1968: The Day the Troubles Began

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1968: The Day the Troubles Began
The pivot point of Northern Ireland’s narrative
by Raquel GOMEZ for Shared Future News
14 April 2018

Fifty years ago. 1968. The year that changed the course of history.

“I have a dream that one day this nation will rise up and live out the true meaning of its creed: We hold these truths to be self-evident; that all men are created equal.
I have a dream that my four little children will one day live in a nation where they will not be judged by the color of their skin but by the content of their character.”
–Martin Luther King’s Speech

The 5th October 1968 may be considered as the starting point for the Troubles in Northern Ireland, as the beginning of a great loss of human life.

The dominant and simplistic narrative, in terms of the Troubles, is a confrontation between two sides, two religions, two identities and two senses of belonging. This kind of narrative excludes, unavoidably, many others factors. This reductionist vision isolates Northern Ireland, without taking into account social movements and currents of thoughts that sprouted in different points of a globalised world.

The protests and marches during along 1968 in Chicago, Alabama, Paris, London, Derry-Londonderry and Gdansk are linked.

The Black Power movement, Civil Right movement, Socialist movement and Hippie movement weren’t isolated facts.

The documentary, 1968: The Day the Troubles Began, screened as part of the Belfast Film Festival, shows the historic local events in Derry-Londonderry from a global perspective.

The key international activist from the Civil Rights Movement in the United States and France — Rev. Jesse Jackson, Tom Hayden and Alain Geismar — participated in this film directed by Michael Fanning.

The key international activist from the Civil Rights Movement in the United States and France — Rev. Jesse Jackson, Tom Hayden and Alain Geismar — participated in this film directed by Michael Fanning. The film also features Finbar O’Doherty (a member of Derry Housing Association); members of the Labour Party, Eamon Melaugh and Eamon McCann; activists of the Civil Rights movement, Michael Farrell and Simon Prince (author of Northern Ireland’s ‘68).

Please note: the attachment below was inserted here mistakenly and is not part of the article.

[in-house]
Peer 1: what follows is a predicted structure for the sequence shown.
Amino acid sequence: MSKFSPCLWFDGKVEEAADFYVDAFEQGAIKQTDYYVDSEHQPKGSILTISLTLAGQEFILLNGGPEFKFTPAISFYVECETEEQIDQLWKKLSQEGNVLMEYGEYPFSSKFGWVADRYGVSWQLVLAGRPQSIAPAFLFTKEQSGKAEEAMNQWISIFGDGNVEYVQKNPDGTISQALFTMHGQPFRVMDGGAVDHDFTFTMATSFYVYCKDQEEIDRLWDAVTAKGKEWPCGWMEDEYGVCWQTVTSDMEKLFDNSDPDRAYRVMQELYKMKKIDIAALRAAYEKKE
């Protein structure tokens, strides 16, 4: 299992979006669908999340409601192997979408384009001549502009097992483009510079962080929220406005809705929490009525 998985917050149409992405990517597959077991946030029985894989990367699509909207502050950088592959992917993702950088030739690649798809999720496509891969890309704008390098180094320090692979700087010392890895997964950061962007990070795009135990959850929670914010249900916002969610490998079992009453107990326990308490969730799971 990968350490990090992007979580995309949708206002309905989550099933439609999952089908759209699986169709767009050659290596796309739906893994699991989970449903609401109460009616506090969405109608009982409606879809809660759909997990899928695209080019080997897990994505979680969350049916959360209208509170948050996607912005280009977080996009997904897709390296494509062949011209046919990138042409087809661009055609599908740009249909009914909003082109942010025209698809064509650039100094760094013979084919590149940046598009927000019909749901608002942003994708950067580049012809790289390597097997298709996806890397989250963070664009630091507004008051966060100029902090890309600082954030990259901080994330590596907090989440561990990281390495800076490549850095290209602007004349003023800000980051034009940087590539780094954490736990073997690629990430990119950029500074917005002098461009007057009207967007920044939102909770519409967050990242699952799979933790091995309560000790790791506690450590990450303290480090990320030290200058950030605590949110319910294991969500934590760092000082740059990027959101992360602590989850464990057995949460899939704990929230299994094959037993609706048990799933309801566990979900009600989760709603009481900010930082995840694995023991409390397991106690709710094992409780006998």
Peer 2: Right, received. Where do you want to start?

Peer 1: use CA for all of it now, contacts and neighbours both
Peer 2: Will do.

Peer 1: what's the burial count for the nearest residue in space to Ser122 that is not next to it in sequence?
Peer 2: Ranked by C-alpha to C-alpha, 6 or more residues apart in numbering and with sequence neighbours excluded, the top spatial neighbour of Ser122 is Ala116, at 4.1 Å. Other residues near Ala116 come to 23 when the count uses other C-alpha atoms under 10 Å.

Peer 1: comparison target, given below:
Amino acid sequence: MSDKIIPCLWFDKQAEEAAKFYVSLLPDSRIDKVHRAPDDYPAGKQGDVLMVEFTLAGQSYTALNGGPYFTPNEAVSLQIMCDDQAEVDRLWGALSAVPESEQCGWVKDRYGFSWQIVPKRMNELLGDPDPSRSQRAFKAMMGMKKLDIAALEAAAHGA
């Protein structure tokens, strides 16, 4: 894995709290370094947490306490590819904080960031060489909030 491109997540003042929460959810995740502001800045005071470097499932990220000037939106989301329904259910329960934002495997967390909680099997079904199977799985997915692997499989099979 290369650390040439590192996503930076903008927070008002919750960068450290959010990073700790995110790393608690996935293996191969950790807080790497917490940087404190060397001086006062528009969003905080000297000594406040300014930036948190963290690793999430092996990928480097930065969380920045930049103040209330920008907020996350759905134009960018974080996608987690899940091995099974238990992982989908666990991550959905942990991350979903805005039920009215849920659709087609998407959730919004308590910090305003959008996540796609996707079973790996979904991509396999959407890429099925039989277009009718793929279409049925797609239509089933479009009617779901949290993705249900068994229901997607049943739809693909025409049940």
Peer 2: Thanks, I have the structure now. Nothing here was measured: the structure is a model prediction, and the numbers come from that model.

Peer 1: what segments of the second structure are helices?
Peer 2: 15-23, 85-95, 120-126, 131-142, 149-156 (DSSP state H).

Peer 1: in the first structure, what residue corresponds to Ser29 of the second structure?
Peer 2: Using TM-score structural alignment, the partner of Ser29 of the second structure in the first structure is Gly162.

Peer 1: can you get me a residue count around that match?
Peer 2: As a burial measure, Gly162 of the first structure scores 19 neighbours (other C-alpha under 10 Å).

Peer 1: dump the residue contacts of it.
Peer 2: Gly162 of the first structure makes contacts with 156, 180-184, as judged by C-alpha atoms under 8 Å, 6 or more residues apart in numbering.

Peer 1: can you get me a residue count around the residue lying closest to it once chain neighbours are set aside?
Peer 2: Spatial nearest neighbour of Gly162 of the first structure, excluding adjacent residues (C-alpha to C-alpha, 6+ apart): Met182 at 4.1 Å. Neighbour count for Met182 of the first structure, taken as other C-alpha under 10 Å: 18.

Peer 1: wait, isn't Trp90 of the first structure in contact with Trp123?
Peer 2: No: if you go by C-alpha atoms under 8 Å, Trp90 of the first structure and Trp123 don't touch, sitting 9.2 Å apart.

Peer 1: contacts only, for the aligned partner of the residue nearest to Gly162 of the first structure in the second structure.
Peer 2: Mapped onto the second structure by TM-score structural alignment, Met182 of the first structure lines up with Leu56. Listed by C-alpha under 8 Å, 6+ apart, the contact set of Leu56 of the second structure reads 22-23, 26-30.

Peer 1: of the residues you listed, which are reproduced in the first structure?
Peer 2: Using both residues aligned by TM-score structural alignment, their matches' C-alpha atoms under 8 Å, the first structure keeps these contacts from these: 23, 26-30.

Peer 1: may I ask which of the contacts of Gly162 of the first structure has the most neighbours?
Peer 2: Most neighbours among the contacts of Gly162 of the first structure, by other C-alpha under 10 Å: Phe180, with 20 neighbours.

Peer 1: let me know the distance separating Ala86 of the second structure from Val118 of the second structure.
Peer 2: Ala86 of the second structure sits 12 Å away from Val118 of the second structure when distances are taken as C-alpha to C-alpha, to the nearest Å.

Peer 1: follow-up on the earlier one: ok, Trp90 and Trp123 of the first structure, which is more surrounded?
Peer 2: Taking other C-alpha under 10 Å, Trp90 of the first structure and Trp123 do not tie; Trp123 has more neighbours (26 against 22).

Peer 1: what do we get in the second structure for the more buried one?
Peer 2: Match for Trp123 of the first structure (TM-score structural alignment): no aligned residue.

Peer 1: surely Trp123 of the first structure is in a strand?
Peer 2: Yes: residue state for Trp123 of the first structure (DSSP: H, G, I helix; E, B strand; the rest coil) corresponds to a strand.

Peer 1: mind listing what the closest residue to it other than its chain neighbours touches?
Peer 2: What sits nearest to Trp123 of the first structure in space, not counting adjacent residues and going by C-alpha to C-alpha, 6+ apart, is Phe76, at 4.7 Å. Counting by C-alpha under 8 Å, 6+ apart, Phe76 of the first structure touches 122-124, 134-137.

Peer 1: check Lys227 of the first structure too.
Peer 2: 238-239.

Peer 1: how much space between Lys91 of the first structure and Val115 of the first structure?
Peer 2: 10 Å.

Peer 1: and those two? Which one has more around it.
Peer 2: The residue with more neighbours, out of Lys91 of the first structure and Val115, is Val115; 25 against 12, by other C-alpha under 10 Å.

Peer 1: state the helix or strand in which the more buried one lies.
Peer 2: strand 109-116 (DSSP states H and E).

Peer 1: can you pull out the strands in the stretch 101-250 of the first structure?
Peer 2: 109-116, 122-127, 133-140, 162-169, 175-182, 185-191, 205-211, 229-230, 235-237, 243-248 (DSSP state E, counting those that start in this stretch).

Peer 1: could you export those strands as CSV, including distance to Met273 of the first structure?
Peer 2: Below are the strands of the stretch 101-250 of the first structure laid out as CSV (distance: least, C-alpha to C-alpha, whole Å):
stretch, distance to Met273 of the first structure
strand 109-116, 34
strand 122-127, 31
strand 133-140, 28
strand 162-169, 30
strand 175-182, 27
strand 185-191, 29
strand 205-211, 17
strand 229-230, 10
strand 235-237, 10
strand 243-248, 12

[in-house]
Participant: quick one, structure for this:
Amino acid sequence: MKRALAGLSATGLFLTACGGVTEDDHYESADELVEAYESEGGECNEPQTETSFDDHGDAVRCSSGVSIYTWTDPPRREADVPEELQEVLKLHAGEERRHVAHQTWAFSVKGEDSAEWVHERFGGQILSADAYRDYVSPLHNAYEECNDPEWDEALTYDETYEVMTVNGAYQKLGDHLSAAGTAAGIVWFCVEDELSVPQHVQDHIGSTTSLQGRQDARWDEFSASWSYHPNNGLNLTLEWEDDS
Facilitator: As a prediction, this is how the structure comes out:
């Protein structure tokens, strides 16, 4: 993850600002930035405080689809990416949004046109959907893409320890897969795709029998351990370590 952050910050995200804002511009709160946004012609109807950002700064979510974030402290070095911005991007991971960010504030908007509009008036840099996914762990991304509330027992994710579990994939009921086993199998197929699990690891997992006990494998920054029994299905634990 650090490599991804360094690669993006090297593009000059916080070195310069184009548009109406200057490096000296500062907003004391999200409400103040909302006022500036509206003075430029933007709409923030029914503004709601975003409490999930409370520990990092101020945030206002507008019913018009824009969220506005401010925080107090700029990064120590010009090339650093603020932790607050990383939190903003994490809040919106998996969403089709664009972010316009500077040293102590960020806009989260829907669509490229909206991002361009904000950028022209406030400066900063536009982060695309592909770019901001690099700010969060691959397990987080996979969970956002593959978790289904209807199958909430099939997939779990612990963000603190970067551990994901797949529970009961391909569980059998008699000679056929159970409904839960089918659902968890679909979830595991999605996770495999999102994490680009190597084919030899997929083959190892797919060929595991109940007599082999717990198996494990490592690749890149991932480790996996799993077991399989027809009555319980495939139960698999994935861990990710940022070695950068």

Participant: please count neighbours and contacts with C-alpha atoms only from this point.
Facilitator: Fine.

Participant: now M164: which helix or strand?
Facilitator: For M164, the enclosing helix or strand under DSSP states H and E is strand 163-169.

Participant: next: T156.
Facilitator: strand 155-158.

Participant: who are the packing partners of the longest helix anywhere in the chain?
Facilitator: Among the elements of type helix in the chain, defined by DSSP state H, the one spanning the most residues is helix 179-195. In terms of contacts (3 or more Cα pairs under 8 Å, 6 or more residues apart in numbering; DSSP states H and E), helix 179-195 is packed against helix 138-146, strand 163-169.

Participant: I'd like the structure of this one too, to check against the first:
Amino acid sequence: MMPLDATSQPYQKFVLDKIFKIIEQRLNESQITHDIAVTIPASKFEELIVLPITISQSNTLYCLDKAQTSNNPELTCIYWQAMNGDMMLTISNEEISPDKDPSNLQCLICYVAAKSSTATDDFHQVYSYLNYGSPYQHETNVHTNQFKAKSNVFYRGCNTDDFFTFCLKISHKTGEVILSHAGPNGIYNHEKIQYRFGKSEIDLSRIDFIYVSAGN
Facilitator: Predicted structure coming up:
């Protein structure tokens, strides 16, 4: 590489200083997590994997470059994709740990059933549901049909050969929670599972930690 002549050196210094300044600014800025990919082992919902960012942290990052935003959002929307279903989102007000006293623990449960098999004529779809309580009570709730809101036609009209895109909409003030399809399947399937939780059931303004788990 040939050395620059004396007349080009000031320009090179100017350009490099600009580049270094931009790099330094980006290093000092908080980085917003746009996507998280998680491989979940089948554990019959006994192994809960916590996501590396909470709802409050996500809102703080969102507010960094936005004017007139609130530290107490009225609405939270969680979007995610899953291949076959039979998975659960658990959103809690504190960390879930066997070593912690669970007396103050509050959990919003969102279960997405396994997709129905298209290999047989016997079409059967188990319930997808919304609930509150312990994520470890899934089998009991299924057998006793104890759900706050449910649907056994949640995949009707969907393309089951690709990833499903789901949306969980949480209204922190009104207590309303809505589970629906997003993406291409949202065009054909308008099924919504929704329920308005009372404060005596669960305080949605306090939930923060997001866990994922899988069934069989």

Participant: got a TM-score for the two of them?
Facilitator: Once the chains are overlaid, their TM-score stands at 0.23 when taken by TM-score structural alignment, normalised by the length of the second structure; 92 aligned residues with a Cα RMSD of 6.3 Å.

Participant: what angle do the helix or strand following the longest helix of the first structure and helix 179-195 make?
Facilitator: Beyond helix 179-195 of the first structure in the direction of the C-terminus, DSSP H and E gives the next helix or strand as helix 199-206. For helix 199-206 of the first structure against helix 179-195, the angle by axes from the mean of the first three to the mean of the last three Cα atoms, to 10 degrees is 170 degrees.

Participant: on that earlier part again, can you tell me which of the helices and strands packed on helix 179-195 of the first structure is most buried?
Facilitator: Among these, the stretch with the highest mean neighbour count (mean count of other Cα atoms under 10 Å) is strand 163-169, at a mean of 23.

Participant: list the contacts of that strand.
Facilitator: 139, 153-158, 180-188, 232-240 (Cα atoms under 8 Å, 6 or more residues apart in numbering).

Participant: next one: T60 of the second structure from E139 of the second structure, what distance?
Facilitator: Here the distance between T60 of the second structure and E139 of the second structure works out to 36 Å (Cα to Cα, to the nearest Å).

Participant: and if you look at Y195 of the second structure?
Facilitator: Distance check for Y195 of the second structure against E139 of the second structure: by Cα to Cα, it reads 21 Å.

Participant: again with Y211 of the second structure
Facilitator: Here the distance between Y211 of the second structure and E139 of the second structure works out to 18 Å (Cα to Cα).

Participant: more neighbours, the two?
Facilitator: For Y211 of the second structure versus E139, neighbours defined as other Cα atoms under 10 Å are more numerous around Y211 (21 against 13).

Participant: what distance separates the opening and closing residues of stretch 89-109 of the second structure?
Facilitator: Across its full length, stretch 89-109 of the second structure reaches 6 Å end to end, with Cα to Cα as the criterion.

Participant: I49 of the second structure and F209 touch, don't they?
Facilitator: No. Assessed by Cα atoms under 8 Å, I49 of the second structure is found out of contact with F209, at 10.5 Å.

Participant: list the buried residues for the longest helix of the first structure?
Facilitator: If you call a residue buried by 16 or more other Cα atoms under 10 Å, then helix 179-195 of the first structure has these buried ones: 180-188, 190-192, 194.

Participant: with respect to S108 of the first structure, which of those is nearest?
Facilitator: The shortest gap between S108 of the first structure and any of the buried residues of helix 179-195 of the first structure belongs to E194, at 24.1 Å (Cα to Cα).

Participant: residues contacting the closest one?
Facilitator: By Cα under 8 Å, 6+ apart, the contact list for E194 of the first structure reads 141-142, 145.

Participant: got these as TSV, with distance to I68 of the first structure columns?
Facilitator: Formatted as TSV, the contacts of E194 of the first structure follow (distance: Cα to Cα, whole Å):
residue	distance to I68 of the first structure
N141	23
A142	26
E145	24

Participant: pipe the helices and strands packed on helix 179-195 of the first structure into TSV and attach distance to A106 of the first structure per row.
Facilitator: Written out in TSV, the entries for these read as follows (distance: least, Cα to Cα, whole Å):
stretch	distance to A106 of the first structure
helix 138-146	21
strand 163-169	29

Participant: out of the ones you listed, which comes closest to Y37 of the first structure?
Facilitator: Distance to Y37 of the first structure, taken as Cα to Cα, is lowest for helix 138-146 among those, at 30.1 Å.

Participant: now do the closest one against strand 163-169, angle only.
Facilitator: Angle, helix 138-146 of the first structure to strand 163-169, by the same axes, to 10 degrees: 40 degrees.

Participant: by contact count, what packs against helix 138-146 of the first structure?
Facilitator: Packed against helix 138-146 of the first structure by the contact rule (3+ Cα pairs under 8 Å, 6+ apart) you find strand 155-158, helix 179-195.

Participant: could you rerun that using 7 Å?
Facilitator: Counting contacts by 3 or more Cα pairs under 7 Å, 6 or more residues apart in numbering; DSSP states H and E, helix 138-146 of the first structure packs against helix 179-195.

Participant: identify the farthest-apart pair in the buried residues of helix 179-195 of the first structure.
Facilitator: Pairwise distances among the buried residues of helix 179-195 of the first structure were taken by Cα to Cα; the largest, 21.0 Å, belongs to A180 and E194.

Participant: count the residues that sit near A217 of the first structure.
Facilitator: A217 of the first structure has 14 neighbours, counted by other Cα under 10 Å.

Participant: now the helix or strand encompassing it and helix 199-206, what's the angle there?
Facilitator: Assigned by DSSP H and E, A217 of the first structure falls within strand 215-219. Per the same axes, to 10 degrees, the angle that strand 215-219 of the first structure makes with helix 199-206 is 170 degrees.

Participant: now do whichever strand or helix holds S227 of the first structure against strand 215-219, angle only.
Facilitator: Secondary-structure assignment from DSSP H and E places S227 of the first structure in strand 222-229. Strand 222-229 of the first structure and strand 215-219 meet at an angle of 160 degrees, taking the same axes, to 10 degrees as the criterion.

The impact of what was happening in the rest of the world affected social and politically to Northern Ireland.

“Won’t you please come to Chicago for the help that we can bring.
We can change the world,
rearrange the world,
It’s dying – to get better
Politicians sit yourselves down, there’s nothing for you here.
Won’t you please come to Chicago for a ride.”
–Lyrics from Chicago by Crosby, Nash, Young and Stills

The lyrics in the voice of Graham Nash — referring the riots at 1968 Democratic National Convention in Chicago — were heard in Europe. Martin Luther King’s words claiming freedom and equality, his dream “deeply rooted in the American dream”, inspired a young generation from the other side of the ocean.

“Civil rights march on Washington, D.C.” by Warren K. Leffler is licensed under public domain by the Library of Congress.

The role of the television at this moment was very important, as a “public transport of ideals”.

Embed from Getty Images

People around the world sitting on their sofas, watching the protests and riots in the United States against black oppression, against the Vietnam war, and against the discrimination and segregation. You could feel unfairness and empathy. You could feel inspiration.

Embed from Getty Images

People around the world sitting on their sofas, watching the events of May 1968 in France couldn’t have felt fear.

“It was a time of change. People began to see all the struggles. We were not just a part of something local; we were part of something much more bigger,” claimed Finbar O’Doherty, who described Derry-Londonderry in the Sixties with three words: “defeat, despair and the dole”.

There is no denying that Northern Ireland had its own internal and particular issues that drove the riots at the end of 1968.

“Troublemakers — as called to me a million times — and we were. I was trying to create trouble for the people who denied us access to housing, to jobs, to adult universal suffrage,” explained Eamon Melaugh.

“A Civil Rights March” by the Northern Ireland Civil Rights Association; source: The Civil Rights Commemoration Committee.

Unemployment, discrimination in housing, and gerrymandering — alongside non-sectarian civil rights demands — were the issues that underpinned the march of 5th October in Derry-Londonderry.

The answer from the government to the marches was “a punishment operation”, according to Eamon McCann.

Water cannons, a huge policing arrangement, and violence.

“After 5th October, people came up to and said that things will never be the same, and they were right. We all sensed that this was a pivot point in the narrative of Northern Ireland,” said McCann.

What could have happened if the authorities of Northern Ireland then gave Catholics equal rights?

It is a question with no answer.

“The civil rights march from Selma to Montgomery, Alabama in 1965” by Peter Pettus is licensed under public domain by the Library of Congress.

1968 was the year that the world heard the footsteps in Alabama and Chicago. The year the world listened to Luther king’s dreams. The year of the French students. In Northern Ireland, the year the Troubles began.

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